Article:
And so we come to the book of Joshua, chapter 1.

I mean this is the ultimate new land! The people of Israel had moved from slavery in Egypt with a sense of promise that God had a land and a place for them. And they are about to go into the promised land! 

A few weeks ago I had the opportunity to go to Scripture Circles on a Thursday morning and when I was there we talked about some of the Israelite’s journey. Vicki Bliese, along with others such as Mary and Jim Fisher, who have actually been to Israel know more about the landscape along the Jordan River than I do noted how interesting it is that on one side of the Jordan River looks a lot like the Jordan River on the other side. 

Now just imagine…you’ve been wandering around in the desert and are like: “Ok, we’ve been wandering around the desert…” You get to the other side and you think: “Really, this is it?!” “Milk and Honey?? I think it’s the same on the other side of this river!”

And yet, everything has changed. 

On April 14th, Rachel Held Evans posted her final tweets. She wrote: “If you’re the praying type–I’m in the hospital with the flu + UTI combo and severe allergic reaction to the antibiotics they gave me (I’m totally going to miss G(ame) O(f) T(hrones) (sad face)!).”2

On May 4th she died.

For Dan, her spouse, for her two kids, for those who knew and loved her, everything had changed. And yet, life goes on. Yet things still keep on bustling and movement continues to happen.

You’re on the other side of the river…and it looks the same…and yet it’s totally different.

Have you ever had an experience like this? Where in an instant everything changes, and yet, in some ways so much looks the same.

And how do you reorient to this new reality? What does this look like? 

Maybe the world has changed and you don’t know yet how to live into this space. Maybe for you, it’s something like I think of the story of Marie Antoniette and the last rulers of France where the world had actually already changed, but they couldn’t believe it so it wasn’t until the doors of Versailles were broken down that they finally had to face the reality that the world had already changed and revolution was at hand. In an instant where everything changes… and yet it looks the same.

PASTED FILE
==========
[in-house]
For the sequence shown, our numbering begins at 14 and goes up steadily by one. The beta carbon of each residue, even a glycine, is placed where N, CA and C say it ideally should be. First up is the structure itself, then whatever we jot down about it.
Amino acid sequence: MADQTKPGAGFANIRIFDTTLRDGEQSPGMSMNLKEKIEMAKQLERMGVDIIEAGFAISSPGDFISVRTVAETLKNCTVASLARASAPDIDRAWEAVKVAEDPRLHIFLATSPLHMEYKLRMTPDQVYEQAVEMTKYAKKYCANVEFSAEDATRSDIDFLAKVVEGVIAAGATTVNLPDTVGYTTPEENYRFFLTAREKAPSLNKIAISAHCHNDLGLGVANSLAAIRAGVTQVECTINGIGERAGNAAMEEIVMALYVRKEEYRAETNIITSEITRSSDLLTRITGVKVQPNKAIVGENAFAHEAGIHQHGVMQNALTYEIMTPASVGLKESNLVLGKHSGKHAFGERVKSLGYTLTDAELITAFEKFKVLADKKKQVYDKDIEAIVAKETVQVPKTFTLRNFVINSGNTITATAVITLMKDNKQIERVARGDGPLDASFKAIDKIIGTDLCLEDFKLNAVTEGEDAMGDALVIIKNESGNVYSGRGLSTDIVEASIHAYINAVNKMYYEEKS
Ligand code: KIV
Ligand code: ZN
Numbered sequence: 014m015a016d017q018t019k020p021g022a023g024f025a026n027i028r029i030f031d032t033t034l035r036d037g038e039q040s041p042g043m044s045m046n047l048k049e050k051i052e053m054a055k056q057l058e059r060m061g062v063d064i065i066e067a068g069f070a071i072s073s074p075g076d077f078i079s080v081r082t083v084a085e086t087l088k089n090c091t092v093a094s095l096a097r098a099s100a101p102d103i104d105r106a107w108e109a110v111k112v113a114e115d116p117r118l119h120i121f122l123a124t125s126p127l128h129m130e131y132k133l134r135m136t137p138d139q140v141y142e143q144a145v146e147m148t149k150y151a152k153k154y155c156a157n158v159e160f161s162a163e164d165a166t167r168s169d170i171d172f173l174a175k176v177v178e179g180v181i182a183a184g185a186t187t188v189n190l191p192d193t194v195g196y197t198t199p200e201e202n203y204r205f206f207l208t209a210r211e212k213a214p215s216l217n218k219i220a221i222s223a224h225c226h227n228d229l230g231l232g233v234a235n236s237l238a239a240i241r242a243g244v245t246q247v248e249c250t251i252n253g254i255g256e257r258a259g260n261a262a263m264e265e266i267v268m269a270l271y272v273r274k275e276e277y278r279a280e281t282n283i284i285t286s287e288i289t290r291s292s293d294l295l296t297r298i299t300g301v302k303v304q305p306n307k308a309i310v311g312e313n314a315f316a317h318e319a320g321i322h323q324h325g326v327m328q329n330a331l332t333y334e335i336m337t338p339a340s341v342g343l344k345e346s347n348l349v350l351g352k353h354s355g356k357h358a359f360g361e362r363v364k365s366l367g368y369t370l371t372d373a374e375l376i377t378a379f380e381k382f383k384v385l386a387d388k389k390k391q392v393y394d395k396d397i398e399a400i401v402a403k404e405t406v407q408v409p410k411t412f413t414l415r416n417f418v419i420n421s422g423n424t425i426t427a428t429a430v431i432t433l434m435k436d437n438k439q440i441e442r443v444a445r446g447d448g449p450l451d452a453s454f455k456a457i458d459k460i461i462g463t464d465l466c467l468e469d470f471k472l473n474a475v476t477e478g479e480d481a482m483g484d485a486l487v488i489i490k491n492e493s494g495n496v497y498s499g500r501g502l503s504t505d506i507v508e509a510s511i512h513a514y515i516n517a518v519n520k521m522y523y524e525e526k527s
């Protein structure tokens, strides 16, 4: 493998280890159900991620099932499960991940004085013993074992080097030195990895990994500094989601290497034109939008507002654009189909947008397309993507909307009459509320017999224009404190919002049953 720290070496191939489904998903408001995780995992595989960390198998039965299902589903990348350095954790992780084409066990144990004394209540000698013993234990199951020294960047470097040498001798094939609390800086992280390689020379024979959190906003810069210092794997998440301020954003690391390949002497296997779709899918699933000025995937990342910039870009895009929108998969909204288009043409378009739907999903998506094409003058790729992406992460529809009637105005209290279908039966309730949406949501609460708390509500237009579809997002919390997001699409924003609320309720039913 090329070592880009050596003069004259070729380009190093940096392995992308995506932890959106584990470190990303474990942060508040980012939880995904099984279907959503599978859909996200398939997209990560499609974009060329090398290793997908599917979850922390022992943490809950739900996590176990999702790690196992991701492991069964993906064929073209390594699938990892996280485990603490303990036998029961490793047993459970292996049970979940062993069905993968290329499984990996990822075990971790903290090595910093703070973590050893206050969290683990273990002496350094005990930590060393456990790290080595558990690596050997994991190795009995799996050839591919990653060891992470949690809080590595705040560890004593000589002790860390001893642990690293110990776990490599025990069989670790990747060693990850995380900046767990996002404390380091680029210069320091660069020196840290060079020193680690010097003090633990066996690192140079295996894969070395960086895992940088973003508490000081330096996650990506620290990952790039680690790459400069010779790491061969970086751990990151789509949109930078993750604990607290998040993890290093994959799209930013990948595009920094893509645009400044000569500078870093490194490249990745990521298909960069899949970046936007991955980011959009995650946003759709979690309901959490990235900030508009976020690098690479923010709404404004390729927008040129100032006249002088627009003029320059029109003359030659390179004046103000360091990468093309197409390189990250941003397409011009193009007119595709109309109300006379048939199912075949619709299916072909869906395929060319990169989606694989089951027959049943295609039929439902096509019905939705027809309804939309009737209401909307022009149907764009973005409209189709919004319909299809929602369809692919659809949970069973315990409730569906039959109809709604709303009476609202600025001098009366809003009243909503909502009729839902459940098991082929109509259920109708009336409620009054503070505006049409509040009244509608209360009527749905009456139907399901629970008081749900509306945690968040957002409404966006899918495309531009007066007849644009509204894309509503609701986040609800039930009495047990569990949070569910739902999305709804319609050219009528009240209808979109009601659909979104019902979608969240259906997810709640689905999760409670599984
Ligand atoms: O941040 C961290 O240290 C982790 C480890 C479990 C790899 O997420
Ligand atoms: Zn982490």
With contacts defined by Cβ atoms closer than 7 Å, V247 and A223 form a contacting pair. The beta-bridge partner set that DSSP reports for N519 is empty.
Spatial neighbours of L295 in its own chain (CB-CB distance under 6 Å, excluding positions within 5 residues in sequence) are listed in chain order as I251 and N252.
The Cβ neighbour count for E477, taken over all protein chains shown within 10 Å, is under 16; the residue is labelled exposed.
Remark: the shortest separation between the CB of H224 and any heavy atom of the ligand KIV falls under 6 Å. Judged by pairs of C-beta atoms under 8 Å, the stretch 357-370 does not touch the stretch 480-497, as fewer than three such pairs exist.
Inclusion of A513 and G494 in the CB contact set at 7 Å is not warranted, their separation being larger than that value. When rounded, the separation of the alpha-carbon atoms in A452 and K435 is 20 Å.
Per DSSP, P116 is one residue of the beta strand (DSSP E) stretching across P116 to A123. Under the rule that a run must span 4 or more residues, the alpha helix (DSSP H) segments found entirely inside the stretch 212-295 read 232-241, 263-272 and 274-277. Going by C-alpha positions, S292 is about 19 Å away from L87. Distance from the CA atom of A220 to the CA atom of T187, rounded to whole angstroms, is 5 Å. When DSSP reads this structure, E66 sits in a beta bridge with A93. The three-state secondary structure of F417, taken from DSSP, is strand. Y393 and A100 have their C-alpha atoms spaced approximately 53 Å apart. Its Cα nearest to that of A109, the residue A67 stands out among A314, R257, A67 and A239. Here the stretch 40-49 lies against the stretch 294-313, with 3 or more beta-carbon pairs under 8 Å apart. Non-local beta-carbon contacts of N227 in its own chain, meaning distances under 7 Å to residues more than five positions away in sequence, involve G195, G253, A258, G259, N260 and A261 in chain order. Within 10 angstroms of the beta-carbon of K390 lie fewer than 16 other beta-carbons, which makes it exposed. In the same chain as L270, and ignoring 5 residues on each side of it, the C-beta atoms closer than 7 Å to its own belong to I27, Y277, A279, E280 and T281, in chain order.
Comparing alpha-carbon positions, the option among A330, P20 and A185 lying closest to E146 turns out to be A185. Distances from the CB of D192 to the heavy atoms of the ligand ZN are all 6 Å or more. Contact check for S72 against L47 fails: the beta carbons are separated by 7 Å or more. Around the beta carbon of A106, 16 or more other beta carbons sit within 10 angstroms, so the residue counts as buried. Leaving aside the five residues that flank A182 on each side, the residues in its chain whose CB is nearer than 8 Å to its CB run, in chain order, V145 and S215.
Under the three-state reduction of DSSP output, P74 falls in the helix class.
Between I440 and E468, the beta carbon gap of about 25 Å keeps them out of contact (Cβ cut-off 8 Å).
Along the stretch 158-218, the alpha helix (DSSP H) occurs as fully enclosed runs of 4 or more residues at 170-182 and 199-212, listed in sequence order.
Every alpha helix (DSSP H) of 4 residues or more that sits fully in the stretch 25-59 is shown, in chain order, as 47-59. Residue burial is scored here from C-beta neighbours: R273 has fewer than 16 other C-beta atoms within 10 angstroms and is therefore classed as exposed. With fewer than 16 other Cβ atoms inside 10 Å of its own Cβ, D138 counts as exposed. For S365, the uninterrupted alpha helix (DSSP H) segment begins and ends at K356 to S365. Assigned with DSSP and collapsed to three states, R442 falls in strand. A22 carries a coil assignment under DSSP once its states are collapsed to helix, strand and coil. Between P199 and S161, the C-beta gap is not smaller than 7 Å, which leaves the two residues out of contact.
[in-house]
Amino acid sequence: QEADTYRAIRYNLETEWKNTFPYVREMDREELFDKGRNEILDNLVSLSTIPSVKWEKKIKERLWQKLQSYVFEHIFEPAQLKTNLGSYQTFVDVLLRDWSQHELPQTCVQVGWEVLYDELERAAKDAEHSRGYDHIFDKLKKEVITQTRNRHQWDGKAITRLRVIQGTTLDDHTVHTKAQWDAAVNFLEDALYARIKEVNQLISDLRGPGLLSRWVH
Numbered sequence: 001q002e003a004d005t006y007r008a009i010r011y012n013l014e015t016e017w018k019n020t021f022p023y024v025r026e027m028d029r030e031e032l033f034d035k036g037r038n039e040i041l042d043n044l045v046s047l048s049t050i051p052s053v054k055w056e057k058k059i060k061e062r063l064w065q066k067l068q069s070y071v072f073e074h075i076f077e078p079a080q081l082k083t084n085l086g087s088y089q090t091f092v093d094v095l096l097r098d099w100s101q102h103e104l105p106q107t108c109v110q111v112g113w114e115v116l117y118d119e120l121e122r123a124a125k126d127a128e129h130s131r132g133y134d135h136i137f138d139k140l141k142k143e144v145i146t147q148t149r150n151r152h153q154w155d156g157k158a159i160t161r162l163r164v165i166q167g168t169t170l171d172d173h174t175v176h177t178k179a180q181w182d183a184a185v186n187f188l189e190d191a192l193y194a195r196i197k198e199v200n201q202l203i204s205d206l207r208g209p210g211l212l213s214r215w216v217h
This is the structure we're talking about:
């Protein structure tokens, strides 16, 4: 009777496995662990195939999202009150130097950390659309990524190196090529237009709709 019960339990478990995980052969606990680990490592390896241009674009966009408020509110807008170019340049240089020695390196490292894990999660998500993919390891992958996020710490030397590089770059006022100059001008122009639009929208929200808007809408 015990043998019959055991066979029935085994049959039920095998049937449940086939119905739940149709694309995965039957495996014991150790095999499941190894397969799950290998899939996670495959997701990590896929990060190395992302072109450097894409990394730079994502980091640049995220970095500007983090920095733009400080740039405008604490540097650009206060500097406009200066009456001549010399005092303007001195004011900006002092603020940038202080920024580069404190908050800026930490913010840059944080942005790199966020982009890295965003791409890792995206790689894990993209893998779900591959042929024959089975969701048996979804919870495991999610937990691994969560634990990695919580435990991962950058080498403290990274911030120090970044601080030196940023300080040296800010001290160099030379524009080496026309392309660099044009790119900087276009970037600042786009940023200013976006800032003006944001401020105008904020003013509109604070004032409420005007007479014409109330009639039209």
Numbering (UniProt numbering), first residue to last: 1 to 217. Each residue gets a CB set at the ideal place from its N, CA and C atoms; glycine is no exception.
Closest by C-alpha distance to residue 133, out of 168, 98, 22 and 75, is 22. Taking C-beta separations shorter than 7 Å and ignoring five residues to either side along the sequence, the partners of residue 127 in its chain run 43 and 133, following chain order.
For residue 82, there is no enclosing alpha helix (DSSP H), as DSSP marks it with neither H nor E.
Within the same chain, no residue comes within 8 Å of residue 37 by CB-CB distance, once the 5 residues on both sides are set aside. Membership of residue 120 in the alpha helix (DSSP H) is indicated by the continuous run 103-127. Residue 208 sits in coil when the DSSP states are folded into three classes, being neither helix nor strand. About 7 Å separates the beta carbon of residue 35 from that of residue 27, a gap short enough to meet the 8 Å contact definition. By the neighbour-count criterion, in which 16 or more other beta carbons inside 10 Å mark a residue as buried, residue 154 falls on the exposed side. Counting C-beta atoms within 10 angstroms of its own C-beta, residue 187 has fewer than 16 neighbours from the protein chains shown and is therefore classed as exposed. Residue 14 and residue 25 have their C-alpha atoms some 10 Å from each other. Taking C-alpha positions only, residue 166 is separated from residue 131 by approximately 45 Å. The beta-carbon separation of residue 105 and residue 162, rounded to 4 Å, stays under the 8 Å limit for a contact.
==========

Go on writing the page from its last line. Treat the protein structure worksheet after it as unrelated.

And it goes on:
As I was wandering around Paris I thought of you all (well, a little bit…I mean, not all of the time!). I was thinking about this sermon and about living into this new land of our core values. In a way, a lot changed. And in a way, a lot looks the same.  

But that’s the thing about new lands: you cross the river and even though things have changed, you don’t get to see the change until you go further in. 

That’s because to live in a new land demands that you have to go further in. Again, from Nadia Bolz-Weber:

Blessed are those whom no one else notices. The kids who sit alone at middle-school lunch tables. The laundry guys at the hospital. The sex workers and the night-shift street sweepers. The closeted. The teens who have to figure out ways to hide the new cuts on their arms. Blessed are the meek. You are of heaven and Jesus blesses you.

So to live into the new land, we have to go further in. This is not the faith of “fake it until you make it.” No. This is the faith instead that says: “Live it until you believe it.”

This is why for me one of my favorite parts of the Bible is I John 4 where it says (with apologies to those who’ve already heard me reference this passage 20 times this past year): “Perfecting love drives out fear.”

I used to think that this meant “perfect love drives out fear.” As in: “Get the message and get on with it, Sara!” But no, the Greek verb is a little bit more generous…it’s a perfecting love. One that reminds us that it’s only as we live into love that heals and transforms us and saves us…only then that we actually know what it feels like in our bones.